Third, we need to accept that poverty has moved to urban areas and start thinking about creating interventions from the perspective of vulnerability, rather than just income poverty. COVID-19 exposed how fragile the incomes of many people living in cities are, and how they can exhaust their savings in a matter of weeks and be plunged into poverty.
If we look at the data from BRAC’s field offices across Bangladesh, people living in rural areas are now better off than their urban counterparts. This is largely due to the higher resilience of socioeconomic systems in rural Bangladesh.
To tackle inequality in cities, we need to design tailored initiatives to support people to improve resilience – and break the misplaced notion that efforts to alleviate inequality in cities will attract more people to urban areas. Moving to a city is an aspirational decision for many, and investing in people’s aspirations is crucial for the sustained growth of any nation.
Fourth, we need to recognise that the grounds of the fight against poverty are changing, and we need to give a renewed push to reach those who have been left behind, particularly in poverty pockets. Development has been far from uniform in Bangladesh, and the state of poverty is still striking in areas like the Barind region, the Chittagong Hill Tracts, some coastal regions and haor (wetlands) areas. Budget allocation must reflect this reality. More public spending should go to the regions most lagging in social indicators, rather than depending on the size of the influence of the local politician. We must invest in holistic and integrated initiatives to give these regions the big push they need.
Fifth, on the healthcare side, we must focus on projects that invest in human capital development and strengthening primary care. We need more public spending in projects that promote community-based preventive primary healthcare. Our healthcare system needs to prioritise prevention over cure. Community clinics must be strengthened and well resourced. Hospitals cannot handle any increase in patients requiring intense healthcare – the current dengue crisis is a good example. As temperatures continue to rise globally, and diseases such as dengue, chikungunya and Zika virus rise in response, budgets must focus on building a workforce and a primary system that is equipped for prevention and ready to respond.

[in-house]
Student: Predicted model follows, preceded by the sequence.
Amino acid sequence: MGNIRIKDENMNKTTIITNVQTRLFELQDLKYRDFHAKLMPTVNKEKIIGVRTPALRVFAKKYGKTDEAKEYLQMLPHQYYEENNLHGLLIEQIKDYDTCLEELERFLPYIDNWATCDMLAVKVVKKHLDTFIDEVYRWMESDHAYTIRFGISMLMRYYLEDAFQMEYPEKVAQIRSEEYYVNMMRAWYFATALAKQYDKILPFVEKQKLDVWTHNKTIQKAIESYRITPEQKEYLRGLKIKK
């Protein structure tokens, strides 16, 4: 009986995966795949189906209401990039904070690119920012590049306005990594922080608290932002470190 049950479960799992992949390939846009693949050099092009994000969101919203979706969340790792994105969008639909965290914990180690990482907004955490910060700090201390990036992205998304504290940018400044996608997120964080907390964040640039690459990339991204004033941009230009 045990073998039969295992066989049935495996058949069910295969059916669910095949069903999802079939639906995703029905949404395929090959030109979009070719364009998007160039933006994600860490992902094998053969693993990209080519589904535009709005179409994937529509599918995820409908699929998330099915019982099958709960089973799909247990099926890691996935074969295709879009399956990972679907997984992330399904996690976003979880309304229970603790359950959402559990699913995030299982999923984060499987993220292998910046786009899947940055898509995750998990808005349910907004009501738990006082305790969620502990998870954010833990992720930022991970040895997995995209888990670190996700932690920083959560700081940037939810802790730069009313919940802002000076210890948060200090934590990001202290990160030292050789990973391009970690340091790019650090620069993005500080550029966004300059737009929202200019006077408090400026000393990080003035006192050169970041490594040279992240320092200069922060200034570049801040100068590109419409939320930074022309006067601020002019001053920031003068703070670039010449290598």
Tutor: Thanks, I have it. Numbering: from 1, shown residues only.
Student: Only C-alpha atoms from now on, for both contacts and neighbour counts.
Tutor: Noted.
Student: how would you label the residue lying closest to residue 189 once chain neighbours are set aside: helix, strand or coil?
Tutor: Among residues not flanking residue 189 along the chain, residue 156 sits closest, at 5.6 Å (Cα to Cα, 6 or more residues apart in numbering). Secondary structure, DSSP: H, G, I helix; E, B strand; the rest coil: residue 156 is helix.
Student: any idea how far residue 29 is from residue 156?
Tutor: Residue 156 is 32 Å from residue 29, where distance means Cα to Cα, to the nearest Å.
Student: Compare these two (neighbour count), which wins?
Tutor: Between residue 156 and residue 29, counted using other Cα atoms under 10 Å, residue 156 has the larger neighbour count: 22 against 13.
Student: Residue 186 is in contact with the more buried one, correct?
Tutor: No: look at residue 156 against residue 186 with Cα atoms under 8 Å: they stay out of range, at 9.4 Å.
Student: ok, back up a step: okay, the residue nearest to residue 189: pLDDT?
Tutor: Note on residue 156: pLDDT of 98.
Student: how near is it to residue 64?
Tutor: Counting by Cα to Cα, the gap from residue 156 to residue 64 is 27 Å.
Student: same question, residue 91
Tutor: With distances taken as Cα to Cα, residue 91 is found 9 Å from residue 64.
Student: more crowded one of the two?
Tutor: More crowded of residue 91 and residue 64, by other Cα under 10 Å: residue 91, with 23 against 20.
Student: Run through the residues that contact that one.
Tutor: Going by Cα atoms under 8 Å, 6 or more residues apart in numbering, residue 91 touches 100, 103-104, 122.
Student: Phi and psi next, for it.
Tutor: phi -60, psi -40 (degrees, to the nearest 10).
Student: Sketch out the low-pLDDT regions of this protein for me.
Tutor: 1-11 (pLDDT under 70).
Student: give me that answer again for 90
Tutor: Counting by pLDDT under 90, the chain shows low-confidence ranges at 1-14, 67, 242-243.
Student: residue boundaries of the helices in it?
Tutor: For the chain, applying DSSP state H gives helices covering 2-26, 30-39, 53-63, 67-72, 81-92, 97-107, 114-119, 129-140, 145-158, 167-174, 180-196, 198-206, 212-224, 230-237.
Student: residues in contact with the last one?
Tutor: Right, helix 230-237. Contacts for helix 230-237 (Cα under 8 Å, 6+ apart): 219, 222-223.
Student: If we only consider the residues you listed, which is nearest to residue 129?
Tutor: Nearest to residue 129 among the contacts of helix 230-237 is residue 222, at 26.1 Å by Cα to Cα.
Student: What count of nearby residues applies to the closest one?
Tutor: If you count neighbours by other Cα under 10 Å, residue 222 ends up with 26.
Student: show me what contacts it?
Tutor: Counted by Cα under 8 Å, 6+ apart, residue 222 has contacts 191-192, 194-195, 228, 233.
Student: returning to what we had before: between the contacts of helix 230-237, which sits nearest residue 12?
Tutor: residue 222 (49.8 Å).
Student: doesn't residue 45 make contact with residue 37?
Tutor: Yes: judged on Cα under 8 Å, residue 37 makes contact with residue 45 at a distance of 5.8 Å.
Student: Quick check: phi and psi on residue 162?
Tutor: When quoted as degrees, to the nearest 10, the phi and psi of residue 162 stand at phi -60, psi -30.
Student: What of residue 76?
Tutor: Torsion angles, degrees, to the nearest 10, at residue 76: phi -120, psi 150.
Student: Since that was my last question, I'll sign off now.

Finally, we need to take accountability at an impact level, and the success of public spending must be measured by how many citizens’ lives were positively impacted, rather than how much of the budget we were able to spend. We need to invest in timely measurement and analysis, and in research to understand impact over the long term, and commit to learning from the findings.
Budgeting is always a challenge, but, as outlined above, improving effectiveness does not have to require huge budget outlays. By changing the way we approach public spending, from designing programmes with the same people those programmes are aiming to reach, to measuring impact through the changes those people see in their lives, the same amount of taka can go a lot further on the ground – and get to the hands of the people who need it the most.
Asif Saleh is the Executive Director, BRAC.